How Real Estate Blew Up in the Hamptons and Greenwich

Both are wealthy areas, but they’re different markets. So what’s driving the parallel booms?

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Real estate is booming almost everywhere amid the pandemic, but the gains in local housing markets are far from equal. Two wealthy New York City satellites, the Hamptons and Greenwich, Conn., are quickly outpacing their neighbors in sales volume — a development that isn’t as predictable as you might think.

“Since the pandemic lockdown ended, both markets have been on a tear, seeing record sales levels and price growth,” said Jonathan Miller, of Miller Samuel, the appraisal company.

In the first quarter of 2021, the number of property sales over $5 million in Greenwich increased 400 percent year over year, from five to 25; sales between $1 million and $5 million were up about 90 percent. In the Hamptons, the corresponding segments were up 24 percent and nearly 83 percent over a year.

Sales below $1 million were up, too — 73 percent in Greenwich and nearly 30 percent in the Hamptons. This week’s chart lays out the data, provided by Mr. Miller and Douglas Elliman.

Sales Boom in the Hamptons and Greenwich, Conn.

Real estate sales in New York City’s wealthy outposts have overcome a long pre-pandemic slump.

Y-O-Y

CHANGE

Q1 2020

Q1 2021

Hamptons Sales

25

123

195

More than $5 million

$1 to 5 million

Less than $1 million

31

225

253

24

83

30

%

Greenwich Sales

More than $5 million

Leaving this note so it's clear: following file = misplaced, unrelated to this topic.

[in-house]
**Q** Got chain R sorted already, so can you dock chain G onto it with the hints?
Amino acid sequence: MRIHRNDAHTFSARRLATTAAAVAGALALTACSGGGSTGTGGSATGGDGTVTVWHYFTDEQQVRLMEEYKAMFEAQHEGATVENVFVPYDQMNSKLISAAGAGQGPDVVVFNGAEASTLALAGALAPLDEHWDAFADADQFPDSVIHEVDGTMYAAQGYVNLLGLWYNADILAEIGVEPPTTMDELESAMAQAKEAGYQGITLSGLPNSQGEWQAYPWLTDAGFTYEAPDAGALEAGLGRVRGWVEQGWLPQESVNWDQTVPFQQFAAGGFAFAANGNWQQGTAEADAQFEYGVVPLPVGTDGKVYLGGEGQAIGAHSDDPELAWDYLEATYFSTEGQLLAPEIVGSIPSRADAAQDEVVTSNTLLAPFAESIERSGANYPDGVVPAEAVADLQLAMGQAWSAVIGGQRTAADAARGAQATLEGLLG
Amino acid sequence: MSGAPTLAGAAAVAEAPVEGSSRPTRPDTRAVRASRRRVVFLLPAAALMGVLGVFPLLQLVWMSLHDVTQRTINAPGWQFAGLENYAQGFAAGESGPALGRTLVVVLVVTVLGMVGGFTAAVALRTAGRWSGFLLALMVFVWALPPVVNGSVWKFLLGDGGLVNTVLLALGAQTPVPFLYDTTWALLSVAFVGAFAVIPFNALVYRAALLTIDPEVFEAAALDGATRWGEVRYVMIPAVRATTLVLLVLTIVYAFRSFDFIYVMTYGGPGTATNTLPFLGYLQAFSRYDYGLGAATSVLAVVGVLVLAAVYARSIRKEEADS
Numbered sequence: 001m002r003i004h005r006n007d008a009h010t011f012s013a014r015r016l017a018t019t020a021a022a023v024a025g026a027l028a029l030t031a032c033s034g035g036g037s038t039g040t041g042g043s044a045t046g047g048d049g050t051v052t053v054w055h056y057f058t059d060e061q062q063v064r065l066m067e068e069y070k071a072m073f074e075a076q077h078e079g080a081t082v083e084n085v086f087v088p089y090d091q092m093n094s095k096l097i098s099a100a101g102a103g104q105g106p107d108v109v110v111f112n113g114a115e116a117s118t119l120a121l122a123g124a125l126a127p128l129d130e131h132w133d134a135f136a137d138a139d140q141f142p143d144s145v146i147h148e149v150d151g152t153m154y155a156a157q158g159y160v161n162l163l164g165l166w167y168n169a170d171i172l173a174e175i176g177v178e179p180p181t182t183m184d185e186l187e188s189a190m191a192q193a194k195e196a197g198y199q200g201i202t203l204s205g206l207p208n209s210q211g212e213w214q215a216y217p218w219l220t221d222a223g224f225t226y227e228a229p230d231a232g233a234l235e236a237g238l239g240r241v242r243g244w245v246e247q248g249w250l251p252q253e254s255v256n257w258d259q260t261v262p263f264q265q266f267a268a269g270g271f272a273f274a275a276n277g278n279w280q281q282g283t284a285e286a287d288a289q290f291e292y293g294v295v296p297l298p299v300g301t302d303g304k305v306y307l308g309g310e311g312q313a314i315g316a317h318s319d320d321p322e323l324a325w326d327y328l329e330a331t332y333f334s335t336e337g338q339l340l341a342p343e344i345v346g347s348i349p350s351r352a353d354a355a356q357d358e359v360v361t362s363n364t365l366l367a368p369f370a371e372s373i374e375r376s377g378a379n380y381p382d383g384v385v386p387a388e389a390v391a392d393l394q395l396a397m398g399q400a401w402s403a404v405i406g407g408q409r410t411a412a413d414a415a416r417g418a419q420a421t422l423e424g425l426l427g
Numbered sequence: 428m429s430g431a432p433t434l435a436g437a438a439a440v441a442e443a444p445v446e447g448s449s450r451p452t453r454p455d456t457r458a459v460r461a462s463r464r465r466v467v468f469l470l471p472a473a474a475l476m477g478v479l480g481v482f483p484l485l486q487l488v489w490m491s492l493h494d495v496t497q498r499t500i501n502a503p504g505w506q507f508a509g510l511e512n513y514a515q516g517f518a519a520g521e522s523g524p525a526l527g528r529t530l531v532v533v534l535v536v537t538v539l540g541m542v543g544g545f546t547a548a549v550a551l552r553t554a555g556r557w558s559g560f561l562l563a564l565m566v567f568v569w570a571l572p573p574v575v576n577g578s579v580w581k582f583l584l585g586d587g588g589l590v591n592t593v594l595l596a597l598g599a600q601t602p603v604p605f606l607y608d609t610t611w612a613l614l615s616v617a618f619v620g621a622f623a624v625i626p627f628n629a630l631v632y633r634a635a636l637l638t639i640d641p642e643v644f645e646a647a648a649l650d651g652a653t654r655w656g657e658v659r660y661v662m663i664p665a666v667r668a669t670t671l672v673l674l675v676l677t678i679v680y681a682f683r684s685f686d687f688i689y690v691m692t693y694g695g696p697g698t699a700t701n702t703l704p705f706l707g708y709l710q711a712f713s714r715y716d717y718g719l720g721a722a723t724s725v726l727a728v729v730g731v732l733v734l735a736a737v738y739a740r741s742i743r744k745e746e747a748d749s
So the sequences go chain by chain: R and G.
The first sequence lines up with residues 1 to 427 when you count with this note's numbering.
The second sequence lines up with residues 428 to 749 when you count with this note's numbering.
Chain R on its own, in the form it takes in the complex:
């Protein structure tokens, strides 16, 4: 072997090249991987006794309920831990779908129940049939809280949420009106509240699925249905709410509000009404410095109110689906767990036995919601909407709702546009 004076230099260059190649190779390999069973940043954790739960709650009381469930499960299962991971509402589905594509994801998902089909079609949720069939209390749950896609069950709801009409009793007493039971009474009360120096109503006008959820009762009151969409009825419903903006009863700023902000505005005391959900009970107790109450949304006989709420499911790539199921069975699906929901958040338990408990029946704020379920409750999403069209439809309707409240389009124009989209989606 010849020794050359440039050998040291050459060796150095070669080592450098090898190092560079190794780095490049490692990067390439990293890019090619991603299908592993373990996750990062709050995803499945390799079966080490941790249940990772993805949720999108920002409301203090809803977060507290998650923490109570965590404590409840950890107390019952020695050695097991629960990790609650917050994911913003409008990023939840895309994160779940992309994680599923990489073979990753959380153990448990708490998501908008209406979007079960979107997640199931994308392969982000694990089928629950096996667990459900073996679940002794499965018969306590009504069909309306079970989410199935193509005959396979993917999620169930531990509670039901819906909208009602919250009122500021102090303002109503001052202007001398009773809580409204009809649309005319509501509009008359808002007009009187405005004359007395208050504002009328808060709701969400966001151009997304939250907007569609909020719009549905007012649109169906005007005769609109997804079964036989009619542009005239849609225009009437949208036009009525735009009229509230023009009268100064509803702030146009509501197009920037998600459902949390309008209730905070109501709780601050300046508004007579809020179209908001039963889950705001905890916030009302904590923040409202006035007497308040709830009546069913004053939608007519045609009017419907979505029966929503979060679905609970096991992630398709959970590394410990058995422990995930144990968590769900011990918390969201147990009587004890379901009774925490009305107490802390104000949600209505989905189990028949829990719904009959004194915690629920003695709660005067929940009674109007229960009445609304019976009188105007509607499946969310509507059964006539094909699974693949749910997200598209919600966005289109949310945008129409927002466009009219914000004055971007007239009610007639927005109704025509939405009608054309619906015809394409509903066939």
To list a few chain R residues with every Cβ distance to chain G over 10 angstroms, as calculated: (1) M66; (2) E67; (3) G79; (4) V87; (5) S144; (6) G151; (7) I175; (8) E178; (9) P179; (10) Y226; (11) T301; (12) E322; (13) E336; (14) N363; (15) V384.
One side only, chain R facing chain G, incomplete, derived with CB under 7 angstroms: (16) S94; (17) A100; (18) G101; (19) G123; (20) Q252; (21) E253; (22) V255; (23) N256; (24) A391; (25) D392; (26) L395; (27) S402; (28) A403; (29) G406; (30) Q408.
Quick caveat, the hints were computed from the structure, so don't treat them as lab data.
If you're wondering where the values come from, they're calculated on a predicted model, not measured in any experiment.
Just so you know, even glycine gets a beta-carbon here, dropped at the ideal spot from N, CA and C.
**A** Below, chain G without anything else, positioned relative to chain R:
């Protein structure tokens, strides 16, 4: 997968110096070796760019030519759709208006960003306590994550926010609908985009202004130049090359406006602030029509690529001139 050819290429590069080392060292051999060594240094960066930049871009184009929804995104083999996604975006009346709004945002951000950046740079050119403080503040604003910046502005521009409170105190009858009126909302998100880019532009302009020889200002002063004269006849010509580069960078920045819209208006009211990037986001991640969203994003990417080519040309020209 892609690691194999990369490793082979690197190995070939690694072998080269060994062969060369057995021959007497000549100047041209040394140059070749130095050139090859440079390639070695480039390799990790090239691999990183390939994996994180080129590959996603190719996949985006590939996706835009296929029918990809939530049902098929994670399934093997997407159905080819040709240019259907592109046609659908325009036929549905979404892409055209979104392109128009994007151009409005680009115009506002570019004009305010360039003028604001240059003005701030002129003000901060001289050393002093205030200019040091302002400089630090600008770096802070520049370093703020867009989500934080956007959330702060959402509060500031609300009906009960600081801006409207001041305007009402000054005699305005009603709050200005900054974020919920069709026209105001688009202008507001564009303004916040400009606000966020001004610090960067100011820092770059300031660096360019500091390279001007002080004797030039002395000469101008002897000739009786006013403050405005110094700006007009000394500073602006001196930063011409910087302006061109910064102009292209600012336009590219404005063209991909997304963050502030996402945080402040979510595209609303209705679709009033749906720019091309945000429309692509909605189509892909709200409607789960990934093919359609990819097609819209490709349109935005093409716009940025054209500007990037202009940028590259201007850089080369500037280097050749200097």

$1 to 5 million

Less than $1 million

5

89

30

25

169

52

400

90

73

%

Source: Miller Samuel/Douglas Elliman

By The New York Times

This is all new. Sales had suffered in both areas after the 2008 housing bubble, and were further slowed by the Trump tax reforms, which capped the deductibility of state and local real estate taxes, driving up the annual cost of these highly taxed homes.

These are wealthy areas, but they’re different markets — Greenwich is mostly primary homes, the Hamptons mostly second homes. So what’s driving the parallel booms? Cash.

“This pattern of sales is based on cash more than financial engineering,” said Mr. Miller, noting that underwriting on loans is 20 percent tighter than the historical norm, even with low interest rates.

Those in higher salary positions have suffered much less from unemployment during the pandemic. The economy is robust, the stock market is thriving, and people want to move. Those with means are simply freer to do so. “There has been an unprecedented amount of recalibration of how people think about housing and where they can live because of the flexibility of remote working,” Mr. Miller said.

As the pandemic recedes, though, migration patterns are likely to shift again, and may take the market with them. Steep price increases — up about 31 percent over a year in both Greenwich and the Hamptons in the first quarter of 2021 — could make these homes harder to sell a couple of years down the road if demand fades.

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